During Lizzo’s electric performance at MTV’s Video Music Awards (VMAs) on Monday night, the 31-year-old singer and rapper wasn’t the only thing on stage with Minnesota roots.
The giant inflatable shaped like a butt bouncing in the background as the artist belted out her hits “Truth Hurts” and “Good As Hell” was designed and manufactured by Landmark Creations, a company in Burnsville.
The booty with a hot pink thong bobbed in sync with dancers as the star-studded VMA audience whooped and hollered.
Lizzo, whose music often explores themes of self love and body positivity, is known for shaking her behind on stage — one of her trademark moves involves twerking in circles while playing the flute.
Lizzo’s creative team reached out to Landmark Creations about two weeks before they needed the balloons, requiring a quicker-than-normal turnaround, company owner Stephanie Meacham said.
The local manufacturers have made inflatables for all sorts of events for more than 25 years, including for other performers like Florida Georgia Line, Ariana Grande, Katy Perry and Demi Lovato.
“I think we’re past the point of being shocked by anything anymore,” Meacham said. “But you can’t help but giggle a little when you watch it.”
Lizzo’s prop was 12 feet high and 25 feet wide, weighing 120 pounds. Once the artist’s team described what they wanted, Meacham said Landmark Creations designers produced a 3-D model of the inflatable.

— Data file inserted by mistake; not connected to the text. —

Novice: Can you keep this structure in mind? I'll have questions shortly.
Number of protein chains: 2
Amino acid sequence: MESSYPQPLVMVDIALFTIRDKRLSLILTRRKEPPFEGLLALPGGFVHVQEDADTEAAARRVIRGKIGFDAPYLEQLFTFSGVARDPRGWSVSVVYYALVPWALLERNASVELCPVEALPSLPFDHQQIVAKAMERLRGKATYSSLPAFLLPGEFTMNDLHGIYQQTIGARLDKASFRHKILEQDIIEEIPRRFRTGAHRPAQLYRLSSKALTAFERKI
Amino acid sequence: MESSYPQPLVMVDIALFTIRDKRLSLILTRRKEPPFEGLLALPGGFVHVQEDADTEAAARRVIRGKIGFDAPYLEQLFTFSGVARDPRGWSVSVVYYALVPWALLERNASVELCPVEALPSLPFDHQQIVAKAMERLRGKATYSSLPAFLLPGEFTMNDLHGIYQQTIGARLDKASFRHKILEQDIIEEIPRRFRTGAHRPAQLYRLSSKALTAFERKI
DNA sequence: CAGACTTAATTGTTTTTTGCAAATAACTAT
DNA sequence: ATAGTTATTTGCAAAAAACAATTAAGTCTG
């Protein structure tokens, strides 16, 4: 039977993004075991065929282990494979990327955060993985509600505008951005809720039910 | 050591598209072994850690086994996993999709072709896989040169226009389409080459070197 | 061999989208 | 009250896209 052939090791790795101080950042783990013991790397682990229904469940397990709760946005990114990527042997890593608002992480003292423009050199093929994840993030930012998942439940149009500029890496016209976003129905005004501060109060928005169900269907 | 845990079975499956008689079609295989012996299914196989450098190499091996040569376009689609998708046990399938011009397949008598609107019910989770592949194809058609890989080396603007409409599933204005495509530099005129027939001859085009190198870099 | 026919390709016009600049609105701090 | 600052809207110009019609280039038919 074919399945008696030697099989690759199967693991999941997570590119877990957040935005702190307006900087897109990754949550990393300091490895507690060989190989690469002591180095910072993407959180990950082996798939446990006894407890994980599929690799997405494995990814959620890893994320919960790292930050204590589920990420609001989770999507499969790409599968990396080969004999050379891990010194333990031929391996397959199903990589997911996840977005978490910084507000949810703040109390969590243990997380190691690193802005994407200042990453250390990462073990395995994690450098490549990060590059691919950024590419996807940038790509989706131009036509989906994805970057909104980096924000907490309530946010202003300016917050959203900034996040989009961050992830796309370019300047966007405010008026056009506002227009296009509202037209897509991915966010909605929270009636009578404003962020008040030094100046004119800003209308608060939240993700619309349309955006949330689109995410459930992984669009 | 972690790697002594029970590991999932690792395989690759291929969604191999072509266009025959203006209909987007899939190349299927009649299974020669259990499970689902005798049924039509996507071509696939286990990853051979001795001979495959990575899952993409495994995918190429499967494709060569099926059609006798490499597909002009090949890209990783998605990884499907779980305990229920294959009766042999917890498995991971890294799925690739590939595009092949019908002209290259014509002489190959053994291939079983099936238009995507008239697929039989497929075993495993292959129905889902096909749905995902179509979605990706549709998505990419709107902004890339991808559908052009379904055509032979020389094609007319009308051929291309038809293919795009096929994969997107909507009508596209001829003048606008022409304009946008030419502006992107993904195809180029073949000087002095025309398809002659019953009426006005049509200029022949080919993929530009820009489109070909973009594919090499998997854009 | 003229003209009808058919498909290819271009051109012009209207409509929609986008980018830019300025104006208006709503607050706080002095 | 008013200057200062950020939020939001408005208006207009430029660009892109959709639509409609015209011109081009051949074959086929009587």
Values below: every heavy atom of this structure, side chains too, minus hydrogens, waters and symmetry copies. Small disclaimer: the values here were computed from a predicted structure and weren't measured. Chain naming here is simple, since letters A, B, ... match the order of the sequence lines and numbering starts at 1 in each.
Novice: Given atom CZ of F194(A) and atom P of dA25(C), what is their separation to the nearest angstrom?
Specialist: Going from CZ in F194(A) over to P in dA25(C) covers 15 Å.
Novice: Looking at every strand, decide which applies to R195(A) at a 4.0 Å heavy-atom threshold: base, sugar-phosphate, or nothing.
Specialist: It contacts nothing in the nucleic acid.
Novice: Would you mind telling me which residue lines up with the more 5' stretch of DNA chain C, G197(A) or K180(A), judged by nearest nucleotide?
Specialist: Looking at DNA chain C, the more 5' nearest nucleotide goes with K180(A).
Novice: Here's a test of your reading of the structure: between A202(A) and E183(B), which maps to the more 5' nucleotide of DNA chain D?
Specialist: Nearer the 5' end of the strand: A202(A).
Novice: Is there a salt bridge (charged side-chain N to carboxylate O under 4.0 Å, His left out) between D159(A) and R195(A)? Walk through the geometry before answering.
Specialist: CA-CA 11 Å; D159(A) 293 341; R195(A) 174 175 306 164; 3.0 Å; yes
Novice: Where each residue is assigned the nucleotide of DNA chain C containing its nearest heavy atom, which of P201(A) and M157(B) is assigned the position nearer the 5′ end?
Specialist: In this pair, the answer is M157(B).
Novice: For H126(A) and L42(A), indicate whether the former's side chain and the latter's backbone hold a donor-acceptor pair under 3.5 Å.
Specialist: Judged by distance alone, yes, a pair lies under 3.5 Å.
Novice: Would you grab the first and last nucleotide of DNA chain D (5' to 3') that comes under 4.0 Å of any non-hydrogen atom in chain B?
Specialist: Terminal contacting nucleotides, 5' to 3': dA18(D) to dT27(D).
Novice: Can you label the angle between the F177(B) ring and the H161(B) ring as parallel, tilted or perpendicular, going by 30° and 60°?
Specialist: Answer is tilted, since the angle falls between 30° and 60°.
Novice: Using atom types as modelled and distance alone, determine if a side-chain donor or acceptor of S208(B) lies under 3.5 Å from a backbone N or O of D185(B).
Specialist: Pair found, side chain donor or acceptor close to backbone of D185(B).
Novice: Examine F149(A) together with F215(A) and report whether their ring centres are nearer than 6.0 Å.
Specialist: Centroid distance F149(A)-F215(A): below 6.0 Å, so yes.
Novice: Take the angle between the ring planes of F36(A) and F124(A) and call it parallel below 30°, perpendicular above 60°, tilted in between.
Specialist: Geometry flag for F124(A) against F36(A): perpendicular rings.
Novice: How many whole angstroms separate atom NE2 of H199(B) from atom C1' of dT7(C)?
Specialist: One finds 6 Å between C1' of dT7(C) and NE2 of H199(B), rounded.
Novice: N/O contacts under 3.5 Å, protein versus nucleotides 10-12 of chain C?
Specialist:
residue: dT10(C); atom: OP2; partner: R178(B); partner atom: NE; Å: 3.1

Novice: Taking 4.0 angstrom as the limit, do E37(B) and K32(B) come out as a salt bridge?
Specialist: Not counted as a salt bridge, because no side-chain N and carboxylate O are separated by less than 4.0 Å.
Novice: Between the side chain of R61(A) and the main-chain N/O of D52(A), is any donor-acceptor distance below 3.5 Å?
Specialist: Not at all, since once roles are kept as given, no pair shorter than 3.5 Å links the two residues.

“They flesh it out,” she said. In this case, literally.
Then a team of manufacturers does all the cutting, printing and sewing necessary to put together the textile balloon, which is blown up with a fan system that runs continuously.
“A sealed inflatable wouldn’t hold up to the kind of rigors of that kind of booty bouncing,” Meacham said with a laugh.
The Burnsville crew tested the balloon in their warehouse, shaking it like they imagined Lizzo’s choreographers would. Then they mailed it off to New Jersey, where the VMA ceremony took place.
Those watching the VMAs took to social media to laud Lizzo’s performance and exclaim over the big booty balloon. Meacham said the level of enthusiasm surprised her team.
“Seeing it on stage with the lighting and the costumes, with everything so on point and well put together, was really fun,” she said.
Because her company handles inflatables all over the country, Meacham doesn’t know if Lizzo’s team realized the Minnesota connection. Still, she said, it was exciting to work with the Minneapolis-molded star, who was nominated for the best new artist award.
“I think this was a hit,” she said, “because Lizzo herself breaks out of the typical mold.”